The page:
Music Soothes Even the Savage Beast

Total Distance Pedaled to Date: 390km
Vertical Rise Pedaled Over the Last 2 Days: approx 3km
Number of Sasquatch Sightings: Still 0

Tonight I’m camped out at Bromley Rock Provincial Park.


It’s a small, quiet park with very basic amenities. No showers, no electricity and no running water, which means no RV’s, so I’ve got the whole joint pretty much to myself. There’s also no cell service, so I’ll upload this post in the morning when I hit a town.

Tonight’s festivities consisted of some bike maintenance: Pumped up the tires and lubed the chain. Next, I scooped a pot of water out if the river and boiled it up for some supper. Then I relaxed in front of the fire for a while before jumping into the tent just as a rain shower blew in. Dreadfully exciting for a Saturday night, eh?

Friday was (according to my guidbook) the hardest day of my entire continental journey.

Hey, where does this road go?


It goes up!!

And up, and up, and up. All the nice smells of the previous days were replaced with the stench of burning brake pads from the big trucks making the descent into Hope. I left my campsite in Hope and pedaled uphill continously for 60km. I did however stop halfway up for an impromptu lunch.


Finally, I reached the top at Allison Pass.


Where I then proceeded to set my camera timer, run out under the sign and pretend to celebrate. YAY!!!
It did feel good to make it to the top.

The biggest problem with these endless hills is keeping my mind in a positive spot. I’ve been telling myself these last couple days that I’m not tough enough to complete this ride. That my body is going to breakdown and I’ll have to go home with my tail between my legs. It’s like I’ve got 2 little guys sitting on my shoulders. On one side is Tony “Banana Hands” Robins, who is trying to motivationaly inspire me up the hills. And on the other side is Gunnery Sergeant Hartman, who’s screaming “Come on Bicknell! You move like old people fuck!”. This is where music comes in. I usually never ride and wear earphones. In the city it’s just too dangerous. But out here I’ve resigned to the fact that if I’m gonna get run down by a logging truck, it’s going to happen whether I’m listening to music or not. And honestly, if I’m going out like that, I’d rather not hear the logging truck coming. And music really does help with distracting your mind. My second day out of Victoria, before I put on the earphones, I caught myself signing George Michael’s “Faith”. Of course I only know about 6 words, so the rest of the song ended up sounding like some kind of hooked on eubonics comedy routine.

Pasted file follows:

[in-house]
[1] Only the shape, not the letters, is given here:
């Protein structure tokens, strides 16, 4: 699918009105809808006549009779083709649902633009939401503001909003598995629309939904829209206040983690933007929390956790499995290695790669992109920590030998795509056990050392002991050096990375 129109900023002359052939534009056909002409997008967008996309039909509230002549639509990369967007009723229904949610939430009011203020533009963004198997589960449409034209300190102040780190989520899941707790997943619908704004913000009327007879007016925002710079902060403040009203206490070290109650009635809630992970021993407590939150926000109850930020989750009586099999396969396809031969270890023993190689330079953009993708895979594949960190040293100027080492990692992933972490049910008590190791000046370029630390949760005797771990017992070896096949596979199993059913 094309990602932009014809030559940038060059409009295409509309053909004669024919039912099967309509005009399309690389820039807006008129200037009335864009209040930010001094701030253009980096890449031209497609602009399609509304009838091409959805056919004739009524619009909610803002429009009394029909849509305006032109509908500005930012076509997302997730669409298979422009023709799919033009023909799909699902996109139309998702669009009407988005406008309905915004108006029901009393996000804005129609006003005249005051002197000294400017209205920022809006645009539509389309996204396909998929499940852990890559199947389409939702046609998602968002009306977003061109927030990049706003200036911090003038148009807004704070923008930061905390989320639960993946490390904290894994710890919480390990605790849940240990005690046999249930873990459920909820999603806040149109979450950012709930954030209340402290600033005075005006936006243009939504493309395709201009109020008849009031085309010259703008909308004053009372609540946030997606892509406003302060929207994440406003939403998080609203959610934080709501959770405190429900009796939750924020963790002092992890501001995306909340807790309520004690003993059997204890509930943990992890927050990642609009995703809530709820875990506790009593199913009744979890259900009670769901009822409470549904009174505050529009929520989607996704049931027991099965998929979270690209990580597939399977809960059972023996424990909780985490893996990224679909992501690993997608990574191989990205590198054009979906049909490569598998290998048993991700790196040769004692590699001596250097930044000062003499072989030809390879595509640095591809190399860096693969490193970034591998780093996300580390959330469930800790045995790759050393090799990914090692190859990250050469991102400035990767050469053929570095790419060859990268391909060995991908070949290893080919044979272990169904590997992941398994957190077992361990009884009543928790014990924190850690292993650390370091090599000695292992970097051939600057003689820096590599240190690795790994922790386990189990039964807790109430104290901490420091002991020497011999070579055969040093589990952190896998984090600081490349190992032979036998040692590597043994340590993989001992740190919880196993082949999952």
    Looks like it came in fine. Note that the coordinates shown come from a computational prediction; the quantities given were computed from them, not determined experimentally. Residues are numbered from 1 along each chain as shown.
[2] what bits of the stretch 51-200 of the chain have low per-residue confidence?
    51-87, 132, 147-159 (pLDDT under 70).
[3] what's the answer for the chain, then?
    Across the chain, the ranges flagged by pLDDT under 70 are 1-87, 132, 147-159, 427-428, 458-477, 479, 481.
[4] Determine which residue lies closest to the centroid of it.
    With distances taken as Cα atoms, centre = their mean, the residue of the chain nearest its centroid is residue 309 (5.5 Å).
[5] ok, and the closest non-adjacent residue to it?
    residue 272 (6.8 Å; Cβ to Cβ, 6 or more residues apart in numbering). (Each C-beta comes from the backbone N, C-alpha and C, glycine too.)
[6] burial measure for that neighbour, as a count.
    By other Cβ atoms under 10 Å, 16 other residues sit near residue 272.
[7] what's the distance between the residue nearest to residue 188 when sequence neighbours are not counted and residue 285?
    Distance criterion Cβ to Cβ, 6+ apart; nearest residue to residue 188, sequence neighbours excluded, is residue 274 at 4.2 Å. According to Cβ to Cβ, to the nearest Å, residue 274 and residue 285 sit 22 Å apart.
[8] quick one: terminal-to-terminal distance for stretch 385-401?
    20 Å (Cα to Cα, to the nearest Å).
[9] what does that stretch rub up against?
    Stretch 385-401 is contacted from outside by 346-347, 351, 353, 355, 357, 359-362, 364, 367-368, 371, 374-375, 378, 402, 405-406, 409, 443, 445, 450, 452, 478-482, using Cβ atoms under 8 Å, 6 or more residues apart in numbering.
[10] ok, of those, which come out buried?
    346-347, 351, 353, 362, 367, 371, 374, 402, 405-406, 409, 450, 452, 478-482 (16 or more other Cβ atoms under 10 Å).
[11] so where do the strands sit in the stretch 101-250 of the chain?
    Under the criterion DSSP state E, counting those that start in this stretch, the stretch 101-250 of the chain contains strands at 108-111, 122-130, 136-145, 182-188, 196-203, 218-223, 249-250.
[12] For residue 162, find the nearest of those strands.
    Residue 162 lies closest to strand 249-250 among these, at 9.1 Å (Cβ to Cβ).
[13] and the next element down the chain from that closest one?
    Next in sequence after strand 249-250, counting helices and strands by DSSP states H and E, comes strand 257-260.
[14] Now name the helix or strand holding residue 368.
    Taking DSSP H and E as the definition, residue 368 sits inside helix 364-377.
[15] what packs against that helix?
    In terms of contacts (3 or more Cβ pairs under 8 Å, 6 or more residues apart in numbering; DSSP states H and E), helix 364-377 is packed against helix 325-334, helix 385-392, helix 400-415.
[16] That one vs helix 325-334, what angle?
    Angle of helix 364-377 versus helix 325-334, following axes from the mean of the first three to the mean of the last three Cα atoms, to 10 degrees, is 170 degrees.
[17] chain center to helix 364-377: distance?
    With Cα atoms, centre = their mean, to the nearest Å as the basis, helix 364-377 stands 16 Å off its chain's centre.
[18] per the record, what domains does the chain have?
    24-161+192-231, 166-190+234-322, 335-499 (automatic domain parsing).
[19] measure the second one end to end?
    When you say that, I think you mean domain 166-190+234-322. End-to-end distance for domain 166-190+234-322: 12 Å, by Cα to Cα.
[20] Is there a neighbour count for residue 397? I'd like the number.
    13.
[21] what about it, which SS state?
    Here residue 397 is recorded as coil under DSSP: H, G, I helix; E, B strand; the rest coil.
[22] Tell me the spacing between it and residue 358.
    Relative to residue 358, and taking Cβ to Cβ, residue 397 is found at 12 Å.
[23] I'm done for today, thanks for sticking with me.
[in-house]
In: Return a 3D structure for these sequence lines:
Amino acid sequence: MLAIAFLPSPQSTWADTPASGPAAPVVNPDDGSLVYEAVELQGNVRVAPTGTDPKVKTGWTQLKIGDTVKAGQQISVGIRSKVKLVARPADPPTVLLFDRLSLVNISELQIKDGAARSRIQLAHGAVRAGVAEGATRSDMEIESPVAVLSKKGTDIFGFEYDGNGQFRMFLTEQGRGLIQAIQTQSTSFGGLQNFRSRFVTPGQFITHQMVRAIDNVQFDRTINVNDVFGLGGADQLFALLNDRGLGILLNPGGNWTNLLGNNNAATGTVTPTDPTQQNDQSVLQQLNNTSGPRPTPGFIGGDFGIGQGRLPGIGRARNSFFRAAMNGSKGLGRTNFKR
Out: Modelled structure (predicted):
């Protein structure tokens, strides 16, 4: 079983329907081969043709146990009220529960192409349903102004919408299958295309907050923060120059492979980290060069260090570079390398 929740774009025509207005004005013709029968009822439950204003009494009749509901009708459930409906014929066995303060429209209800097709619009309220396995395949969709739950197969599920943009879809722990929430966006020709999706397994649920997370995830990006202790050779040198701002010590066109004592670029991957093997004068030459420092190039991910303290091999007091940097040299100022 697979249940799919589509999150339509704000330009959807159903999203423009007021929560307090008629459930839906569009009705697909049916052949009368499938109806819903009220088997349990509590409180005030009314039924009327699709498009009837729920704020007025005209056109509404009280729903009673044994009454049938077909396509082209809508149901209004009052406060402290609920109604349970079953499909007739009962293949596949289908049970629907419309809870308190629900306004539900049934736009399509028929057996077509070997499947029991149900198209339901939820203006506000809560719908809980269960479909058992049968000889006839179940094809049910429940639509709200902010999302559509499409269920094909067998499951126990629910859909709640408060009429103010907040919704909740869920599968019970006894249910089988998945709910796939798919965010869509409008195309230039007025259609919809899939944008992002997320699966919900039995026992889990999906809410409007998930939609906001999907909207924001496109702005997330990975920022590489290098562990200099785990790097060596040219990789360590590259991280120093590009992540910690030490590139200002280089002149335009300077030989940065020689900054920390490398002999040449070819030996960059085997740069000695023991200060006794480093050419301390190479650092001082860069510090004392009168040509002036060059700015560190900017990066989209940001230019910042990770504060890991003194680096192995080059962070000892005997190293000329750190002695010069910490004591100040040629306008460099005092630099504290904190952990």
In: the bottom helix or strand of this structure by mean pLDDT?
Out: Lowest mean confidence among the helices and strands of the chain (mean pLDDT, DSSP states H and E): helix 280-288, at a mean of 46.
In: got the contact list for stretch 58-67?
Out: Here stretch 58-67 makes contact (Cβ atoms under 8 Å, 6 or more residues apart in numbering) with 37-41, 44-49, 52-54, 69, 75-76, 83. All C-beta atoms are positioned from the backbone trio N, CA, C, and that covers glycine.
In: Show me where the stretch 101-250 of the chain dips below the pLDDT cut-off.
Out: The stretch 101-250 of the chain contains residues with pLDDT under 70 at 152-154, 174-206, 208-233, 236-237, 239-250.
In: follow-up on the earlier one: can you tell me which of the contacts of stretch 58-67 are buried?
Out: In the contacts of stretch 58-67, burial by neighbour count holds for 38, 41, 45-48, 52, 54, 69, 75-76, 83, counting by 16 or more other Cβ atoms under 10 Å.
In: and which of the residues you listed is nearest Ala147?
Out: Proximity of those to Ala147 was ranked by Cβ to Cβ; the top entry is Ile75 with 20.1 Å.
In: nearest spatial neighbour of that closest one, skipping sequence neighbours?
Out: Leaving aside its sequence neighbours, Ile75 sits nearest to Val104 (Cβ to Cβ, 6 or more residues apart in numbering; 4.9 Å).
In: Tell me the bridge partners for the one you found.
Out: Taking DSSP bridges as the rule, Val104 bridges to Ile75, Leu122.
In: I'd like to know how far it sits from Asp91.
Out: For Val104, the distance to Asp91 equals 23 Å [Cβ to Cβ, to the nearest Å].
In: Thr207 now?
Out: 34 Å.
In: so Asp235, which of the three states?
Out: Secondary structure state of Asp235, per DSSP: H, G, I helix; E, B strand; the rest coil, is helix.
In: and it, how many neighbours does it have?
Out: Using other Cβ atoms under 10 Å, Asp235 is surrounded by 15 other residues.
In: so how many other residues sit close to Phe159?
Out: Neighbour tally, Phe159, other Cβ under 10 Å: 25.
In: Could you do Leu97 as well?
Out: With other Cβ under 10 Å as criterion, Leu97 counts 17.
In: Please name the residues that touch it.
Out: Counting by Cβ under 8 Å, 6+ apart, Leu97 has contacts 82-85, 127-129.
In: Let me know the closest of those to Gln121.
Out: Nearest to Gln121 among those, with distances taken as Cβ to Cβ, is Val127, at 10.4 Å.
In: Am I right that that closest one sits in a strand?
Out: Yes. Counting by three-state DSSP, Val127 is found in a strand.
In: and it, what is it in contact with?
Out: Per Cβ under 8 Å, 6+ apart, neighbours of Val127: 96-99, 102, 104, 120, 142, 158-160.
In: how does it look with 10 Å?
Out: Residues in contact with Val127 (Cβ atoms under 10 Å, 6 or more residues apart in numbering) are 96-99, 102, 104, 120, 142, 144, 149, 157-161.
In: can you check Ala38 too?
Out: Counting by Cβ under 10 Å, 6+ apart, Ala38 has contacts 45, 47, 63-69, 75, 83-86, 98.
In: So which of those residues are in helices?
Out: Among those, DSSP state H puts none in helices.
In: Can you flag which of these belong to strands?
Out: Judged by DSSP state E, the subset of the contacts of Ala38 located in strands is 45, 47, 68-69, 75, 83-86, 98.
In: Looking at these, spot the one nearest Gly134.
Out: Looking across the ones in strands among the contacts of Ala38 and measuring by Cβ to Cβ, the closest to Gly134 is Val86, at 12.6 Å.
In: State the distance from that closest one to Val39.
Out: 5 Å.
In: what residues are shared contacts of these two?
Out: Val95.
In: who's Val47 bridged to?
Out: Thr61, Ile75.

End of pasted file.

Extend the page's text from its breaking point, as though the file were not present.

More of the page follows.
Anyhow, enough of the serious stuff. Check out the size of this beaver!


Damn thing could destroy an entire town. Well, apparently it’s not a beaver, it’s supposed to be a ground squirrel. ‘Course I didn’t know it at the time. I was just thinking, “Man, that’s one big ass beaver”.

And this was rather interesting too.


That’s about it. That’s all I’ve got. I could show you more photos of mountains and landscapes; it truly is beautiful out here. But the thing about a blog is, if you’re not careful, it’ll quickly turn into the modern version of a 1970’s slide show where Aunt So-and-So would gather everyone around the living room and show slides of her trip to the beach. Ain’t nobody got time for that!


2 thoughts on “Music Soothes Even the Savage Beast

  1. I’m glad you have some music to distract you from the burn that must be in your legs. Don’t be too hard on yourself and know that in three days you’ve already climbed more mountains than most of us will in a lifetime.

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